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Ando Glaso Collective "The audience have the opportunity to experience Roma culture in its most authentic form"

Scotland’s Ando Glaso Collective mark their Sheffield debut next month with a night of music, dance and discussion.

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Members of the Ando Glaso Collective.

Ando Glaso.

"All our groups are made up of members of the various different local Roma communities. Most of our participants have no previous experience working on the professional creative scene, however they possess a wealth of knowledge and skills of our own Roma cultural heritage."

Janos Lang, the creative director of Scotland’s Roma arts organisation Ando Glaso, is explaining what makes their gigs special.

Lang says that, as a result of the group’s diversity, "the audience have the opportunity to experience Roma intangible cultural heritage in its purest, most authentic format." The Glasgow-based organisation have several ongoing projects, but on 8 March they’re bringing their biggest band, the Ando Glaso Collective, to Sheffield for a special gig at the University’s Firth Hall.

The show will be hosted under the banner of TalkingGigs, a unique series of events that blend musical performance with onstage interviews. Organiser Alasdair Dempster told Now Then that when he first heard the collective’s music, he immediately thought it would "resonate in Sheffield."

"When I like the sound of a band I always ask myself: what is there to discover? Will it be interesting and educational for the interview part of the gig, where we explore the culture, history and roots of the music? Will the audience leave with a different understanding, even a broader perspective after discovering more, and perhaps dispelling myths along the way? Ando Glaso ticked all the boxes."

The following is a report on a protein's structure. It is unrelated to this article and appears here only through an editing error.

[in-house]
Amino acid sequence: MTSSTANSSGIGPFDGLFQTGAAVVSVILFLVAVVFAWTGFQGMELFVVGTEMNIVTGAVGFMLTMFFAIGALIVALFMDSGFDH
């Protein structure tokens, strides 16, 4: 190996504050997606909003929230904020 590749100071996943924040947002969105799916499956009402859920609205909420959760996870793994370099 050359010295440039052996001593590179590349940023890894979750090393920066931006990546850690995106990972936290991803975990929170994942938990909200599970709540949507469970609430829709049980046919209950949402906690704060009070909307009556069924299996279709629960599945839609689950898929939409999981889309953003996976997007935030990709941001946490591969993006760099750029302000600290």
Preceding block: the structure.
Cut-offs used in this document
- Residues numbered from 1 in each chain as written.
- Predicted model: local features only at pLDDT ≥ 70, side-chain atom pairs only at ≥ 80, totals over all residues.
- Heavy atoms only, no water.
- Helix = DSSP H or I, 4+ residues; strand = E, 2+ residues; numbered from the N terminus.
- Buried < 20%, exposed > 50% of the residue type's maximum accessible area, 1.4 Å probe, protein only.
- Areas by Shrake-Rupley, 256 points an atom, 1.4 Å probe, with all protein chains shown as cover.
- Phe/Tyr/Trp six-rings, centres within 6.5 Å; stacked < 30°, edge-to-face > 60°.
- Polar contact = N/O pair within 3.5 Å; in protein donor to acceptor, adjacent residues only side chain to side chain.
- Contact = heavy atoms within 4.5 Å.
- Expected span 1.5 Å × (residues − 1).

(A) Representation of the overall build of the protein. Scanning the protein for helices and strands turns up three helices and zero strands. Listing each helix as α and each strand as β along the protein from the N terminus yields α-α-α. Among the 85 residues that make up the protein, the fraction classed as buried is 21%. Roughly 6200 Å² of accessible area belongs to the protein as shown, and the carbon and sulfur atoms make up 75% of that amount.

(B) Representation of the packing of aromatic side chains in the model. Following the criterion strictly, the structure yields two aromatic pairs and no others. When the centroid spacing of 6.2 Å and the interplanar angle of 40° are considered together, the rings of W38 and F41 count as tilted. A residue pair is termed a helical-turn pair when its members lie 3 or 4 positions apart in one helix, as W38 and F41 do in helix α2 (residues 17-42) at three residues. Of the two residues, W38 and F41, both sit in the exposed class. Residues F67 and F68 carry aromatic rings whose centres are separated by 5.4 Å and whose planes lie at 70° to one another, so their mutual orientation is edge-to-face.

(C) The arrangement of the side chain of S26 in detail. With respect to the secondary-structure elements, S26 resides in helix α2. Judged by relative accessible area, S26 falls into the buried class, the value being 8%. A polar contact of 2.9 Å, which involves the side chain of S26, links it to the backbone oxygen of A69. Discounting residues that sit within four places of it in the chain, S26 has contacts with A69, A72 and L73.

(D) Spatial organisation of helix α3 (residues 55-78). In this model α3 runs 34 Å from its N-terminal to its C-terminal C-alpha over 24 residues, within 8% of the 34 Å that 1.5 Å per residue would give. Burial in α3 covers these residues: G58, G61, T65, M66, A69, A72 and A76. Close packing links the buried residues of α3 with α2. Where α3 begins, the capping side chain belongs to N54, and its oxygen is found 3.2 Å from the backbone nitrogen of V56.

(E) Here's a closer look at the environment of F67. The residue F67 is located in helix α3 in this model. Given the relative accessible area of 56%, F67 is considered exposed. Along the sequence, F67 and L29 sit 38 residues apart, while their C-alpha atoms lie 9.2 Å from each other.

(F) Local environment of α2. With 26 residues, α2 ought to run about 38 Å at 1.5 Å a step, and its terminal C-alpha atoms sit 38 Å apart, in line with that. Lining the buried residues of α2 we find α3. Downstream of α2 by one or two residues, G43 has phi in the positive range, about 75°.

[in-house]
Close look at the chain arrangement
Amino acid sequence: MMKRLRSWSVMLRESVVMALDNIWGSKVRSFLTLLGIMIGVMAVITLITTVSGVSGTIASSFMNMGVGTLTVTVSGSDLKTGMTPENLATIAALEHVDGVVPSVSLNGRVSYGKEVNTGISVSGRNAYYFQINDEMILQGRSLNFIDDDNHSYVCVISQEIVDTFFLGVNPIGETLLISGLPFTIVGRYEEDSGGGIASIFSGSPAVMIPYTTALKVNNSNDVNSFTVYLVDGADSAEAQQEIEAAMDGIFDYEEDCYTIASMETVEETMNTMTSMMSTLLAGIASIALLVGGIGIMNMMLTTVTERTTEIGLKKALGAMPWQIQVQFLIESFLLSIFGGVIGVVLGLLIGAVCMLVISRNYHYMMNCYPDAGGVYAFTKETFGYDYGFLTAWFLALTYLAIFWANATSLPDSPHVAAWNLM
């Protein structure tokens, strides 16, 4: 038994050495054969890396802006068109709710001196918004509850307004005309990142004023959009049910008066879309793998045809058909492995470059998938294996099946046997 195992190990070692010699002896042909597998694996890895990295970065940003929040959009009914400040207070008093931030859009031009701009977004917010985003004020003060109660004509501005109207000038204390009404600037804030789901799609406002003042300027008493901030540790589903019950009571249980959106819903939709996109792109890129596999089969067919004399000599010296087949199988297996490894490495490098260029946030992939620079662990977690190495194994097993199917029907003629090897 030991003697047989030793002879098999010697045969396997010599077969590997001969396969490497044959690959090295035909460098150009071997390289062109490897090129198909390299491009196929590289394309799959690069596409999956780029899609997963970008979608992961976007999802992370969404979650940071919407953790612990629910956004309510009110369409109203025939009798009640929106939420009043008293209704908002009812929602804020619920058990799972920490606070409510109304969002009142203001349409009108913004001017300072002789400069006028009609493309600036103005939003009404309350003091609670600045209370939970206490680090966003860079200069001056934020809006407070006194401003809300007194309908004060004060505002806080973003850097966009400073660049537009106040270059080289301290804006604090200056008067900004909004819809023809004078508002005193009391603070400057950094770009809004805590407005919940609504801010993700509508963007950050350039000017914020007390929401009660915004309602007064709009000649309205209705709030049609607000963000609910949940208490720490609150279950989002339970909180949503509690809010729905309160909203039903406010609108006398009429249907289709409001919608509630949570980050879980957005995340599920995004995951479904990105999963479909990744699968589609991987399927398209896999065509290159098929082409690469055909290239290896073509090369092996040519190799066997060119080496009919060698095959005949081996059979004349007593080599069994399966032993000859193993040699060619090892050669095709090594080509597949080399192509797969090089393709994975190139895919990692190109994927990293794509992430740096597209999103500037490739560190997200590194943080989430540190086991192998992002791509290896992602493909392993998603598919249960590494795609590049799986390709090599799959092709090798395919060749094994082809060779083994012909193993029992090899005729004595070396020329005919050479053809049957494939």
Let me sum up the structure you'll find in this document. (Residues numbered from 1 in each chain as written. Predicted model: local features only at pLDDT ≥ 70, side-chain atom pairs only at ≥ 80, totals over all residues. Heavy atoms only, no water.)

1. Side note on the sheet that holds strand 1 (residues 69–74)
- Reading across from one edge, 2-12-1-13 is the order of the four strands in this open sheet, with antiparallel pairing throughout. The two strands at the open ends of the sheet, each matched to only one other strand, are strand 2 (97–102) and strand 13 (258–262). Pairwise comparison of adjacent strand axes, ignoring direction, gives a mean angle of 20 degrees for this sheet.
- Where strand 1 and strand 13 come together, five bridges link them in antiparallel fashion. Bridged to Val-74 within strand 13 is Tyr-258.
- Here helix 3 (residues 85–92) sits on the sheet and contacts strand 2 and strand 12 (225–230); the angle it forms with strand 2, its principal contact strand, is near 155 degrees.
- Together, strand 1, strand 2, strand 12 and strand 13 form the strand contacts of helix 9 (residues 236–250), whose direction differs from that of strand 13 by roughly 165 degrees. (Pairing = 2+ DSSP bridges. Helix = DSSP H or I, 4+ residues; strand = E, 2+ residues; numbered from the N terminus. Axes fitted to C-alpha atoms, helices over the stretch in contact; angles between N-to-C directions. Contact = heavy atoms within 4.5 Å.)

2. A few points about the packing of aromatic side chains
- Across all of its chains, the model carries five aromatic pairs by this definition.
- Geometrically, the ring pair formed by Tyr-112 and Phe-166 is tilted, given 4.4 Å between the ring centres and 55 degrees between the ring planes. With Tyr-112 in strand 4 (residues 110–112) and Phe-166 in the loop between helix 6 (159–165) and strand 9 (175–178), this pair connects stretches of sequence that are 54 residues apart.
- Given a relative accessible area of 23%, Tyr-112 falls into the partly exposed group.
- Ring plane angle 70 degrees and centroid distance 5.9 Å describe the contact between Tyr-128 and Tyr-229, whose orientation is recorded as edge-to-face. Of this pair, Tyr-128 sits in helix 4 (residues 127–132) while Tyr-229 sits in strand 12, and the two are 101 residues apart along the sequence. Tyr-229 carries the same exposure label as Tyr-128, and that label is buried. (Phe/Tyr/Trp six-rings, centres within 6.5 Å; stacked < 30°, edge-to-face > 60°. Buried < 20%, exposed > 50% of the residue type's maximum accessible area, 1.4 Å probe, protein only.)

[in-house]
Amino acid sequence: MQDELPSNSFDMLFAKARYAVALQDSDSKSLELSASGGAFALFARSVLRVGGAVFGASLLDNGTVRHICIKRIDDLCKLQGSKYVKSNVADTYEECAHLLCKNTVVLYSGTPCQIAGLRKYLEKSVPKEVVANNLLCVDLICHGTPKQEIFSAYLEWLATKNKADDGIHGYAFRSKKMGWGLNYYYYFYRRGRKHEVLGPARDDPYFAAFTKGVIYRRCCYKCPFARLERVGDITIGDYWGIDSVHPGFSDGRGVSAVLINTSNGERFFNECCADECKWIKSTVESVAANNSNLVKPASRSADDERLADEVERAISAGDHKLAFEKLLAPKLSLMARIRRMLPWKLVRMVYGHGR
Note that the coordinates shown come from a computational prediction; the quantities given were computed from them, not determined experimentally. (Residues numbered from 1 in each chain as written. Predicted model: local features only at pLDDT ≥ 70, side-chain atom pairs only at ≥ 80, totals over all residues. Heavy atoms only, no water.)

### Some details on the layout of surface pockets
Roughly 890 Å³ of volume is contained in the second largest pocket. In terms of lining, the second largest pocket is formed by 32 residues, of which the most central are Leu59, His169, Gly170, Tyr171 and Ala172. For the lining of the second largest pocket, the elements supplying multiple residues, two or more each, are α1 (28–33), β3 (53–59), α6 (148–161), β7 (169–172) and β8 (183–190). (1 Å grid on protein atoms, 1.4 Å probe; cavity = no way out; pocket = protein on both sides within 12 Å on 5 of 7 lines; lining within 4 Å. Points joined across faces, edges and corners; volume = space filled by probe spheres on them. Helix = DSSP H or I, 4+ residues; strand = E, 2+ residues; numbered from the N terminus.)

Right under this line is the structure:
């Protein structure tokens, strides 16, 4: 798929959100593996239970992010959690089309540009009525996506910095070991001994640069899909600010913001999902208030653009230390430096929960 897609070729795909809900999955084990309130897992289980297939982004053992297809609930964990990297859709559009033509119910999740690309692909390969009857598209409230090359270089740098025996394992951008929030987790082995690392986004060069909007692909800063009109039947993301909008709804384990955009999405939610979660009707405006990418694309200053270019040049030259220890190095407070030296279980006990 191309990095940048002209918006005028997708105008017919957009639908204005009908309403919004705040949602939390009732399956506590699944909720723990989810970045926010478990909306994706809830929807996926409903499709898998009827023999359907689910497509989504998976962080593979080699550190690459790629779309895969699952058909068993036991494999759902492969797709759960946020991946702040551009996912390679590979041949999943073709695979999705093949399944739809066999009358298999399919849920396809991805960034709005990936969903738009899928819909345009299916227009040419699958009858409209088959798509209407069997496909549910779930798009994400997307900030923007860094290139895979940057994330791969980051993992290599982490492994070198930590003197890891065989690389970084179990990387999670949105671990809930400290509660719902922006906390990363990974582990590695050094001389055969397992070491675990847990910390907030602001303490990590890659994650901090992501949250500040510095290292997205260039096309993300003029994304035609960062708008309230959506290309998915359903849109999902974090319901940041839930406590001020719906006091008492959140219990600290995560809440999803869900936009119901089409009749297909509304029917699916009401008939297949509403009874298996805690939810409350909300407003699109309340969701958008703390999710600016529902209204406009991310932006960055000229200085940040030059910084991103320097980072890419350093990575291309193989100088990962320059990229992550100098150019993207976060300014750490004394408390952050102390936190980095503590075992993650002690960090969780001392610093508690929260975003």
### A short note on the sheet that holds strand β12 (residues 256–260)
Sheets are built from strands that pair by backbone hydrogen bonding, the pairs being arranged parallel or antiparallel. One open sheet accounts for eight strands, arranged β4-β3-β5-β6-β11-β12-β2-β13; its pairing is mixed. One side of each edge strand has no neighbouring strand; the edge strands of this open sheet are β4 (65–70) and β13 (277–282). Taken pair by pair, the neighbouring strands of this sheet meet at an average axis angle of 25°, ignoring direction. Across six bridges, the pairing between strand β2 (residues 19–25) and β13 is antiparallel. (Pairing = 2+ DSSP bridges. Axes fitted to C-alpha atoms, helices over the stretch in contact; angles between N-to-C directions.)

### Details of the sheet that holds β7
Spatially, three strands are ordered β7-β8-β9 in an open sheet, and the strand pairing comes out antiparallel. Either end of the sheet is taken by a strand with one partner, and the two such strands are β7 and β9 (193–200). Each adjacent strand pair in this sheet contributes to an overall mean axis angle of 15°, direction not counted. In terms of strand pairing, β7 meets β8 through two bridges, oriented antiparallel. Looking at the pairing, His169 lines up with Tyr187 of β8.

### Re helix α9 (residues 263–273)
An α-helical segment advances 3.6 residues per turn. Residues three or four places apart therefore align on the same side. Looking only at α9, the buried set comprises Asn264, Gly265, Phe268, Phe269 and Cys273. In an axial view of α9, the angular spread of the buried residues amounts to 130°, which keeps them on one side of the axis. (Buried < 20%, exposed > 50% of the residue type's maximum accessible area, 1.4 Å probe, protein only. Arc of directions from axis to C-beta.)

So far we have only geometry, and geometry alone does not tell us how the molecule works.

For Lang, who is also a violinist in the group, the strength of the music comes from the eclectic range of influences brought together in one band. He says that the group "brings together some of the best players from the various Romanian, Polish, Czech, Slovak and Hungarian Roma communities," and that playing together allows the musicians to explore their shared cultural heritage.

Formed in 2019, the collective draw their repertoire from traditional Gypsy music, but each player also brings their own distinct musical heritage to the table. The resulting melting pot of ideas speaks to the fact that Scotland’s Roma are a surprisingly young community.

"The Roma from eastern Europe started coming to Scotland about 20 years ago, mainly settling in Glasgow but also spread around the country," Lang tells me. "Despite some challenges, they're doing pretty well thanks to good support – they're adding to Scotland's cultural mix, and there's a strong push from various groups to help them thrive and feel more at home."

The wider Ando Glaso organisation ("In tune" in Romani), set up in 2017, say they aim to unite fragmented communities that are often isolated both from each other and from wider society, and have won funding from Creative Scotland to nurture and build the collective.

Ando Glaso.

"We at Ando Glaso developed a unique way of working and empowering Roma people by building initiatives based on our own Roma intangible cultural heritage," says Lang.

Ahead of the Firth Hall show, TalkingGigs are hosting what they call a "social forum", a free celebration of Roma culture with food, music, discussion and dance. Tickets for this part of the evening are free but must be reserved in advance.

For Dempster, who has put on dozens of gigs in Sheffield showcasing music from around the world, the show in partnership with University of Sheffield Concerts represents an unmissable opportunity to spotlight an underappreciated musical tradition. "There is clearly a lot Roma communities have to offer, given the opportunity, and here was a great opportunity for Ando Glaso’s story to be heard and perhaps emulated in Sheffield."

TalkingGigs was originally started in 2014 by Charles Ritchie. Alasdair Dempster took over the promotion in 2018.

Learn more

Ando Glaso Collective play Firth Hall on 8 March. The Social Forum part of the evening is free, but you must reserve tickets.

Firth Hall features a lift and ramp for wheelchair users. It describes itself as "DDA compliant".

by Sam Gregory (he/him)
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